In the dictionary, the word foundation is referred to as being the natural or prepared ground or base on which a structure rests. Interestingly, the word is also used to describe an institution (as in research) financed by a donation, legacy, or endowment that is designed to last a very long span of time.

It seems somewhat counterintuitive that regardless of the size, shape, material, and purpose of the building, the construction of each begins by digging into the earth and lining it with concrete reinforced with steel. Just as the proper foundation is critical for the strength, stability, safety, and longevity of a building; it is just as critical to have a proper brand foundation.

If a building foundation is made of concrete and steel, what makes a brand foundation?

Your Mission is the guiding purpose behind your business; the reason you began your business in the first place. It can be likened to the North Star (Polaris) which is not only the brightest in the night, but the most consistent – it moves so little throughout the year that it has been used by travelers for centuries to navigate their journeys. Used properly, every decision made by the company will be harmonious with the mission. While the mission can never be reached, it can be lived and expressed by everyone in the organization.

Here are a couple of great questions to answer when developing your Mission:
Who are we?
What do we believe?
How do we treat people (internally and externally)?
What is important? (What is NOT important?)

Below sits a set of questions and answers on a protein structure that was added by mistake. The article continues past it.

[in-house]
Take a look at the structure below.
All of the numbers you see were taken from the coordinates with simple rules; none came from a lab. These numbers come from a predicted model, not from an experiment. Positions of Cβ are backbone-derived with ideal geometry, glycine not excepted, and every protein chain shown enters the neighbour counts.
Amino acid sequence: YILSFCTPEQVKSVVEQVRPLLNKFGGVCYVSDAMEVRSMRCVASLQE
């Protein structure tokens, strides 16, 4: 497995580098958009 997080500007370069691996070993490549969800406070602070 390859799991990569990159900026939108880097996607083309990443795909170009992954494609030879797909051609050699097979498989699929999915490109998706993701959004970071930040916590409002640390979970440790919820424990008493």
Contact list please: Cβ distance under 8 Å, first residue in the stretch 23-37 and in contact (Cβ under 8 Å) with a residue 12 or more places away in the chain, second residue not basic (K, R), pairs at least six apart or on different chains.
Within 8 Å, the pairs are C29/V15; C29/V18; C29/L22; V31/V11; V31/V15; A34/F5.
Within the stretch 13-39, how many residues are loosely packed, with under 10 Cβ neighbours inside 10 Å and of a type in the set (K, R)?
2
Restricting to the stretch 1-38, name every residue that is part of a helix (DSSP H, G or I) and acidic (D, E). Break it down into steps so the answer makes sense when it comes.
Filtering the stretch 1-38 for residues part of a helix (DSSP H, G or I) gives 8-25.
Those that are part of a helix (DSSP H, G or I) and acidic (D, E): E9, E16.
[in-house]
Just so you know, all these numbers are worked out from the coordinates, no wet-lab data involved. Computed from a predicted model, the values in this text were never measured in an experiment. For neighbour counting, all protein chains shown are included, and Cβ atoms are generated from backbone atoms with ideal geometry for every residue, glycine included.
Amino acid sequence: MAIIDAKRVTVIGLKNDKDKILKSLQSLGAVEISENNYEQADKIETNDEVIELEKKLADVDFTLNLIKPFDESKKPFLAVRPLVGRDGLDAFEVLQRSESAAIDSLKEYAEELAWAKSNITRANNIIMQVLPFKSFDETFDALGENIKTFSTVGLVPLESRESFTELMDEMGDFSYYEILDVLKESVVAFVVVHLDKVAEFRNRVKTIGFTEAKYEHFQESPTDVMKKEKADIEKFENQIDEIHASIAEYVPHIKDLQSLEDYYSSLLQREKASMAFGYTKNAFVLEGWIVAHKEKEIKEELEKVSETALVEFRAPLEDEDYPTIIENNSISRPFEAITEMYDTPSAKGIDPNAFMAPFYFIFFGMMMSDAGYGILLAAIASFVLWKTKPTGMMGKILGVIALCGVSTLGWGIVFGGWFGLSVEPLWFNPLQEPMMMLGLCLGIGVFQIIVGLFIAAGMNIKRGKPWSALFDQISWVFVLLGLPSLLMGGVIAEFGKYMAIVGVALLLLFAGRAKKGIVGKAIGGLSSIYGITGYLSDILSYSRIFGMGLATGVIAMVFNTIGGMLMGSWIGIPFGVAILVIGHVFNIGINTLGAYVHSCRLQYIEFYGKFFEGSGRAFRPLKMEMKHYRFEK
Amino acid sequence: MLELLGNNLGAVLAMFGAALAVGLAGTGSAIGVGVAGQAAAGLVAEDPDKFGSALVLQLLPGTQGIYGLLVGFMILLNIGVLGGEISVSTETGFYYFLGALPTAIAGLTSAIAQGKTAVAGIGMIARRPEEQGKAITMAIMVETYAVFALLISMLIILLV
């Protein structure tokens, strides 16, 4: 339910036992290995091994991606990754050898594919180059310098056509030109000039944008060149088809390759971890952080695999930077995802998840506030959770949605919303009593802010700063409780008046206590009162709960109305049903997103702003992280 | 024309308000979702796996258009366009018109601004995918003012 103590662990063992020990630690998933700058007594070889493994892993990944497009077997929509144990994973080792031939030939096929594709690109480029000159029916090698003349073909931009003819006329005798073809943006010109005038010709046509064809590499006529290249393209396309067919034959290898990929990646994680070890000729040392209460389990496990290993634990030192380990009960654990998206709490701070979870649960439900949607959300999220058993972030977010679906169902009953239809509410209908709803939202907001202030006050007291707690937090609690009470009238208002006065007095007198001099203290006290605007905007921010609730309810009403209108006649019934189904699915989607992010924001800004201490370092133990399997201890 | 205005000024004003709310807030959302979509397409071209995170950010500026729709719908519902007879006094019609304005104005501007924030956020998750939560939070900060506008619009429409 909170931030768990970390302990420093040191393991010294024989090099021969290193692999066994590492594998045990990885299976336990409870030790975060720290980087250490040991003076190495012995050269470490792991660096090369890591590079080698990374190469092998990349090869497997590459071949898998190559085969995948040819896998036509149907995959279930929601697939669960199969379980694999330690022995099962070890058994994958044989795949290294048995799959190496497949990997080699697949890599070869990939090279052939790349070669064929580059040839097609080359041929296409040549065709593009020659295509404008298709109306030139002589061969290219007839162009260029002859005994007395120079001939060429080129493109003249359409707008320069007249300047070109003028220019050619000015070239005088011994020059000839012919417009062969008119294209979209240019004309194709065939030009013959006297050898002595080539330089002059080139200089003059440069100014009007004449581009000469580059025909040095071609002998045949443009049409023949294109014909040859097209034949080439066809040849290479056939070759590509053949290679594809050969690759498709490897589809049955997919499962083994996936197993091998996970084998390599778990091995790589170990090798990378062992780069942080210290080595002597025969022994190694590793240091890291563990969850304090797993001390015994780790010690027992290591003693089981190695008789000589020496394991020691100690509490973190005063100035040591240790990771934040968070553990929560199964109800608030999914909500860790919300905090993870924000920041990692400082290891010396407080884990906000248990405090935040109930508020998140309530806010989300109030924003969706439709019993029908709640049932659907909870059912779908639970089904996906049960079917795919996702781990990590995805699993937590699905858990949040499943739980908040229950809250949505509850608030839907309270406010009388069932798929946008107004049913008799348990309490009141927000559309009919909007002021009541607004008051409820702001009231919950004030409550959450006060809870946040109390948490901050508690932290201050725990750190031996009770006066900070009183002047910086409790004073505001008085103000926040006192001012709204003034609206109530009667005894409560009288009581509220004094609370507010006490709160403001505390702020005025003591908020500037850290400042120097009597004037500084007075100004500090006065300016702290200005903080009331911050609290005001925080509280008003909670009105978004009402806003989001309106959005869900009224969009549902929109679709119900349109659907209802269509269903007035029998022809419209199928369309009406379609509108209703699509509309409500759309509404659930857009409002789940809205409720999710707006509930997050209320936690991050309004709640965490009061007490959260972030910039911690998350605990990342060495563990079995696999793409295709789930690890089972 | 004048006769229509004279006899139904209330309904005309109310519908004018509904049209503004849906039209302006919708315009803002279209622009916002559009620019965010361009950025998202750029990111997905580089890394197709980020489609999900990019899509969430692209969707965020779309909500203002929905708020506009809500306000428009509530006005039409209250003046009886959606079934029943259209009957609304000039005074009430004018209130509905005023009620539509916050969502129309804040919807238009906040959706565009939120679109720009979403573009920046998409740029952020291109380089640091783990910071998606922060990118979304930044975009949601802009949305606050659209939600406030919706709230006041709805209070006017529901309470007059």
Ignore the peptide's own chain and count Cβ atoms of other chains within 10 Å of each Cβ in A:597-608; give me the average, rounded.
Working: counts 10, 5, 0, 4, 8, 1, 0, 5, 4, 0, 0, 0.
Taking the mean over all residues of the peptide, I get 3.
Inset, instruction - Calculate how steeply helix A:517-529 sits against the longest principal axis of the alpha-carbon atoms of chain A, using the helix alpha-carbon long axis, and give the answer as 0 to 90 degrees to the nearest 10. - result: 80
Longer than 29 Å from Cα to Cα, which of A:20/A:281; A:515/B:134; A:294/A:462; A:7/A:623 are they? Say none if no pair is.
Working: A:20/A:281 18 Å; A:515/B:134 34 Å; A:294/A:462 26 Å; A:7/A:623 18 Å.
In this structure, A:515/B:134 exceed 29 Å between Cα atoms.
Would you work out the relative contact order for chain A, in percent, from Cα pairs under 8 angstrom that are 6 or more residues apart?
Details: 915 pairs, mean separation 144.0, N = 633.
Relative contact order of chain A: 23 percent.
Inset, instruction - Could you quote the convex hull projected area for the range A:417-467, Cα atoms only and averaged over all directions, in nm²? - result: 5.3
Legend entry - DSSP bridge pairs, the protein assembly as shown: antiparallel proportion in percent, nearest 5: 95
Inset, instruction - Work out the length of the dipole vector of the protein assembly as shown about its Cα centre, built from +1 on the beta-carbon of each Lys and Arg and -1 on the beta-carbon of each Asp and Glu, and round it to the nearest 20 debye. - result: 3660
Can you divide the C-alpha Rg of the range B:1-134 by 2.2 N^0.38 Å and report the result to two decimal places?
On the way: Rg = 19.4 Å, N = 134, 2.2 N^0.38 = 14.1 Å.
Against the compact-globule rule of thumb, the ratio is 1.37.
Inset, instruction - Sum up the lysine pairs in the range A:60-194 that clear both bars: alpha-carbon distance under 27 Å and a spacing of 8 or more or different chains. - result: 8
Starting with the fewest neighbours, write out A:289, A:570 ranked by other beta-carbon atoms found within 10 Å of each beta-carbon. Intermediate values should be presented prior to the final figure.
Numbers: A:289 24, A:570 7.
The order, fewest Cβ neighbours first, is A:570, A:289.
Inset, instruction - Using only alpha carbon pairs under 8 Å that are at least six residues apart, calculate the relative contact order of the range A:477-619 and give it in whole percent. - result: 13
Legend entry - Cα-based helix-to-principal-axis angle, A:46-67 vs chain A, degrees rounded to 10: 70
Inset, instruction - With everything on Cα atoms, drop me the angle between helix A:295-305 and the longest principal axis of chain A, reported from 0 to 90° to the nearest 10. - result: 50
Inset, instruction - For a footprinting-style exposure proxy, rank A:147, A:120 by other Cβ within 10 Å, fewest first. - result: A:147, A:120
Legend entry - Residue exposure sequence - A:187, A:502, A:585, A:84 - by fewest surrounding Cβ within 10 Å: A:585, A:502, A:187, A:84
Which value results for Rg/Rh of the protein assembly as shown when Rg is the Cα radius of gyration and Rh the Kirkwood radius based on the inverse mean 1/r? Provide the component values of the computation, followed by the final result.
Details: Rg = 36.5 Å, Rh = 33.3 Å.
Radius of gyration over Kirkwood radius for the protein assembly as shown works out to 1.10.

What are we here to accomplish?

Your Vision is an illustration of your ideal future. It is a specific destination or objective that also plays an important role in decision-making on all levels by asking the question; does this option help bring us closer to the vision while living the mission. Because a vision is a destination, it can (and often will) be achieved – as in new product launches, sales/revenue targets, etc. In order to make the vision become reality, it is crucial to share the details with your team, customers, and vendors.

Here are a couple of my favorite questions to help develop Vision:
What sort of impact do we want to make?
How will this look in 12-18 months? 3 years? 5 years? 10-20 years?
What will need to happen to make this work/possible?

We use words, images, and expressions to communicate thoughts and ideas to each other throughout our lives. Each of these is a separate and subtle language that, when harnessed and designed, can make our communications dramatically more impactful. Businesses that take the time to design their own language can create a significant advantage over competitors. Consider brands like Kleenex, Xerox, Post-its, and Google (add Coke if you are from the southeastern US); they are specific brands that we interchange for generic categories.

Businesses frequently use mission and vision focused language in job titles and descriptions; in marketing and promotions; as well as internal dialogue. By carefully choosing (even creating) words and expressions, we can help guide our conversations that surround us.

Just like the simple ideas of concrete, steel, and wood forms help us construct elegant buildings; we can use Mission, Vision, and Language to construct elegant and successful businesses.